MIT robots know what you're thinking

Researchers with MIT's Computer Science and Artificial Intelligence Laboratory, more commonly called CSAIL, and Boston University have jointly created a robot that can read a human's thoughts. Thanks to this ability, the robot doesn't need to learn complex human languages or other ways to get orders from humans — those humans can instead command the robots using nothing more than thoughts and a special electrode cap.

The robot itself can't directly read what humans are thinking, of course, but rather it is one part of a larger system that relies on an EEG monitor, among other things, to figure out what a human is thinking and pass the commands on to robots.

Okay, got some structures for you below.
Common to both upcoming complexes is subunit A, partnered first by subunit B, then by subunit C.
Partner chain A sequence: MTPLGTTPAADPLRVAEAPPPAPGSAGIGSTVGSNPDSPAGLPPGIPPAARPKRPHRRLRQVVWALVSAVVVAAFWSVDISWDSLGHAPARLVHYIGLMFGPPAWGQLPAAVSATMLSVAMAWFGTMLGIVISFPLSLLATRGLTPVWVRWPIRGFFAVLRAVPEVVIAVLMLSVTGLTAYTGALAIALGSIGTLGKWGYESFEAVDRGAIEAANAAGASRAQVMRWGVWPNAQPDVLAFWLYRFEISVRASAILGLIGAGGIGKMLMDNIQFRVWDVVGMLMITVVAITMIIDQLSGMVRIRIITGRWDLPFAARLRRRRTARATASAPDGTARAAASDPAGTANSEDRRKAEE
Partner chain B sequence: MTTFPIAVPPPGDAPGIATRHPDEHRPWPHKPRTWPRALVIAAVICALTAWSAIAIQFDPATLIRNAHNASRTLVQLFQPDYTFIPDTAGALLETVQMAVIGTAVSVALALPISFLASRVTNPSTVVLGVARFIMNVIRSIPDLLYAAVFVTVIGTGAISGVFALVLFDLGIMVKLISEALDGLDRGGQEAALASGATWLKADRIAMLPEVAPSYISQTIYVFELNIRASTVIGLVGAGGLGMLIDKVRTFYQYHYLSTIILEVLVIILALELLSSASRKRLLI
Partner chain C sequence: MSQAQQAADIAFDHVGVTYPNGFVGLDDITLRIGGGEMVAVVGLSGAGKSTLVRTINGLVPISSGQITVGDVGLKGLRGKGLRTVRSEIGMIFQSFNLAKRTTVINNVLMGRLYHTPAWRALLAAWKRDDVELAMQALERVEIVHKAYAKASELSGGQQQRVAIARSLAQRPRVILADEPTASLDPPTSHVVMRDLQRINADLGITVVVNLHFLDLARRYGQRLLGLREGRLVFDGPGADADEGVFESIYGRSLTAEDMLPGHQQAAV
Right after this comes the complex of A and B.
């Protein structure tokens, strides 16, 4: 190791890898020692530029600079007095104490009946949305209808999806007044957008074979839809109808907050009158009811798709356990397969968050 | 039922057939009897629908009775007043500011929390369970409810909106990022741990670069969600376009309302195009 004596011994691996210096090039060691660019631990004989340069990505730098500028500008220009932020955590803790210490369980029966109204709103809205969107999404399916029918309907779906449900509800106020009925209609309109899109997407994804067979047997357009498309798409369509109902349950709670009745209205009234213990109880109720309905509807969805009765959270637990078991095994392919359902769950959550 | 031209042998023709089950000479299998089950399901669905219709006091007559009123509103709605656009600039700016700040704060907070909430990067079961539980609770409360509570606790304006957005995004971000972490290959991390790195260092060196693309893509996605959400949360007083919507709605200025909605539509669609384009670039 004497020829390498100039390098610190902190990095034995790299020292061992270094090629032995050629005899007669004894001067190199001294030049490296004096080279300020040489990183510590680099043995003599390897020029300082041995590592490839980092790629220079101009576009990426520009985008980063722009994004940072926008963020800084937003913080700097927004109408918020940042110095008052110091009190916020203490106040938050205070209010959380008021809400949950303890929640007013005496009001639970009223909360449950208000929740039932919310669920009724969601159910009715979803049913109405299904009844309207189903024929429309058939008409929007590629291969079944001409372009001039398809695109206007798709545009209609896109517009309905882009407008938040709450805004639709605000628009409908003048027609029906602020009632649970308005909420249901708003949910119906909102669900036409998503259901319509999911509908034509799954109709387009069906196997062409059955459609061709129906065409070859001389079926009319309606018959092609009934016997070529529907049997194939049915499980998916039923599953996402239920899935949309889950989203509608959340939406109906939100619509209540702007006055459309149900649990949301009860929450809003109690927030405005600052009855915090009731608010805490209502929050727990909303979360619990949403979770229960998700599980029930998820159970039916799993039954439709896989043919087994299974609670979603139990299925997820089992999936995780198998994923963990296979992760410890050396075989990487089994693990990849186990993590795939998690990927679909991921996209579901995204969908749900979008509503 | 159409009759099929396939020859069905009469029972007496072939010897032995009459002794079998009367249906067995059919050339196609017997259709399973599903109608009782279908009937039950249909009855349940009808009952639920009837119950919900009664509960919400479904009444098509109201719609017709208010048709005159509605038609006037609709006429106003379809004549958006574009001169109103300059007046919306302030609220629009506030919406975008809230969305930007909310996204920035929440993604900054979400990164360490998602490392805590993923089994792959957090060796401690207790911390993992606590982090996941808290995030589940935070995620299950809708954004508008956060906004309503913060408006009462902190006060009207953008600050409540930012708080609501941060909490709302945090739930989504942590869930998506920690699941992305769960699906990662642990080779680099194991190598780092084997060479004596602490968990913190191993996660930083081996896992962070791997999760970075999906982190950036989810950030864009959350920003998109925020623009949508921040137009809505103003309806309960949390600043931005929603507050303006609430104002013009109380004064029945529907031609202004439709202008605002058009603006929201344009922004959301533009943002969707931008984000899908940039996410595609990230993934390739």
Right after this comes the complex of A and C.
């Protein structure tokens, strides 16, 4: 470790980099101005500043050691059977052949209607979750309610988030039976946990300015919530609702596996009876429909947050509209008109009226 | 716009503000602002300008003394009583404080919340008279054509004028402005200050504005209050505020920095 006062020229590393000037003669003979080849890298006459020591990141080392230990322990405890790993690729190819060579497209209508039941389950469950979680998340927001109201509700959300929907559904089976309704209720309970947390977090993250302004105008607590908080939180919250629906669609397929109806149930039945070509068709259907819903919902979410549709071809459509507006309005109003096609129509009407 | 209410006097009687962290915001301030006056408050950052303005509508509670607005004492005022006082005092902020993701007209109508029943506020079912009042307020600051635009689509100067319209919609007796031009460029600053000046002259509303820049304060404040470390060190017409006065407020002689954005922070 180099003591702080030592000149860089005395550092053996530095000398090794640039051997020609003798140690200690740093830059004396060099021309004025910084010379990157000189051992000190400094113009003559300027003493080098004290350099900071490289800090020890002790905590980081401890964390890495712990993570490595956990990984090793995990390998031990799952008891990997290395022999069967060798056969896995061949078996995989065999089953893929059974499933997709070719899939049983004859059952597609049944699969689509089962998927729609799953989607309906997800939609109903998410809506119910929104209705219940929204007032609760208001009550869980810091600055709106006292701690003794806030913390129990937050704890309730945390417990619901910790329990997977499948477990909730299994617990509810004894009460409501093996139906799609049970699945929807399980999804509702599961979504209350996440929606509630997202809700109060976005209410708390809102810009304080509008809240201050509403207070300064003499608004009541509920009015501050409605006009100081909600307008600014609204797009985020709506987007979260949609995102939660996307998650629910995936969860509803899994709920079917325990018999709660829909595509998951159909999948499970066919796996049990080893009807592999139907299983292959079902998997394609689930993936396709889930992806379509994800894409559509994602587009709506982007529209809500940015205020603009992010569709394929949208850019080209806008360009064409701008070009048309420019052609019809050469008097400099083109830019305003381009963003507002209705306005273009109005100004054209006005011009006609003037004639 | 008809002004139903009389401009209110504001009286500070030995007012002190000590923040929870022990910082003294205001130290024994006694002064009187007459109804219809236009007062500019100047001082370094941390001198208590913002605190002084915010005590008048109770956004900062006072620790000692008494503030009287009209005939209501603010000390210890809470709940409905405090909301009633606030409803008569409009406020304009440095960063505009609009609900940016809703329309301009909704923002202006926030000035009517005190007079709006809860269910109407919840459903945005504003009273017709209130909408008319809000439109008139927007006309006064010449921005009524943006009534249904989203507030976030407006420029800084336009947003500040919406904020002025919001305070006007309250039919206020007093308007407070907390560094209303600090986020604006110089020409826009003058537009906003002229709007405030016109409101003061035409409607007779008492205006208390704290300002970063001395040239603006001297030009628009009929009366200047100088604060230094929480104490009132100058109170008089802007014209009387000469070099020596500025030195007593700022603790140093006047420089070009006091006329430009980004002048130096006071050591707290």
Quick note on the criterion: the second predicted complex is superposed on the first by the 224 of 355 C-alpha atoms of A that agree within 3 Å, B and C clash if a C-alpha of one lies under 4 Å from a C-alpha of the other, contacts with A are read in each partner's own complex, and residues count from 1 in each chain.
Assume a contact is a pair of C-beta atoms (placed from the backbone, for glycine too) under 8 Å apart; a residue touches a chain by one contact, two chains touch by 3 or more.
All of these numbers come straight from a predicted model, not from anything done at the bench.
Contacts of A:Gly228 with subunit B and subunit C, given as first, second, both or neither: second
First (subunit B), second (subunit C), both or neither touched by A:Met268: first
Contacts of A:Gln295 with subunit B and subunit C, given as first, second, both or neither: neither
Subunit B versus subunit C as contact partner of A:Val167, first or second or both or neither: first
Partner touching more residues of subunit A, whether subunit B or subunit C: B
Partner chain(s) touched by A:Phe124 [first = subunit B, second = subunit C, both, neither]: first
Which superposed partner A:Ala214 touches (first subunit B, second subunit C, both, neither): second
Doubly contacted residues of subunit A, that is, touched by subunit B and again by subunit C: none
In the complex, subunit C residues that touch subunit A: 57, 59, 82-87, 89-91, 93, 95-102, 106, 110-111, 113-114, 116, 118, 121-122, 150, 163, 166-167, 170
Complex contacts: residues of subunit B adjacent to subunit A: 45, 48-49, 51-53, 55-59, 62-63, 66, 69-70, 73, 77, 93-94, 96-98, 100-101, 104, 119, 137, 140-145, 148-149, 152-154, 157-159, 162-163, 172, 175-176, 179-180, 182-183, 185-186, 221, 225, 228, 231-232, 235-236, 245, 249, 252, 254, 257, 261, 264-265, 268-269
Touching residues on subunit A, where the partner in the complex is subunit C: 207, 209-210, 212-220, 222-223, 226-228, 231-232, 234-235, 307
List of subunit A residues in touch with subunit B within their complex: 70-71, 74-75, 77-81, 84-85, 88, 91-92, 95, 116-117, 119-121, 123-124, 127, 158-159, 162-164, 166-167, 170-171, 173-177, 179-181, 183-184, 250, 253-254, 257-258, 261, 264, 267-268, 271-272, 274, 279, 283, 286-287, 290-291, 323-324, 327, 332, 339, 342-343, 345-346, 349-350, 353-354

The EEG monitor works by recording the brain activity from the human who is observing a robot performing tasks. If the robot performs a task incorrectly and the human notices, the system will pick up on that info via the EEG data and pass it on to the robot, which is then able to alter its actions to fix the problem.

The algorithms behind this technology don't need much time to detect the human's thoughts from the brain activity data — it only takes between 10 and 30 milliseconds. Though the technology can only be used for simple things at the moment, such a system may one day be utilized to operate robots performing much more complex tasks.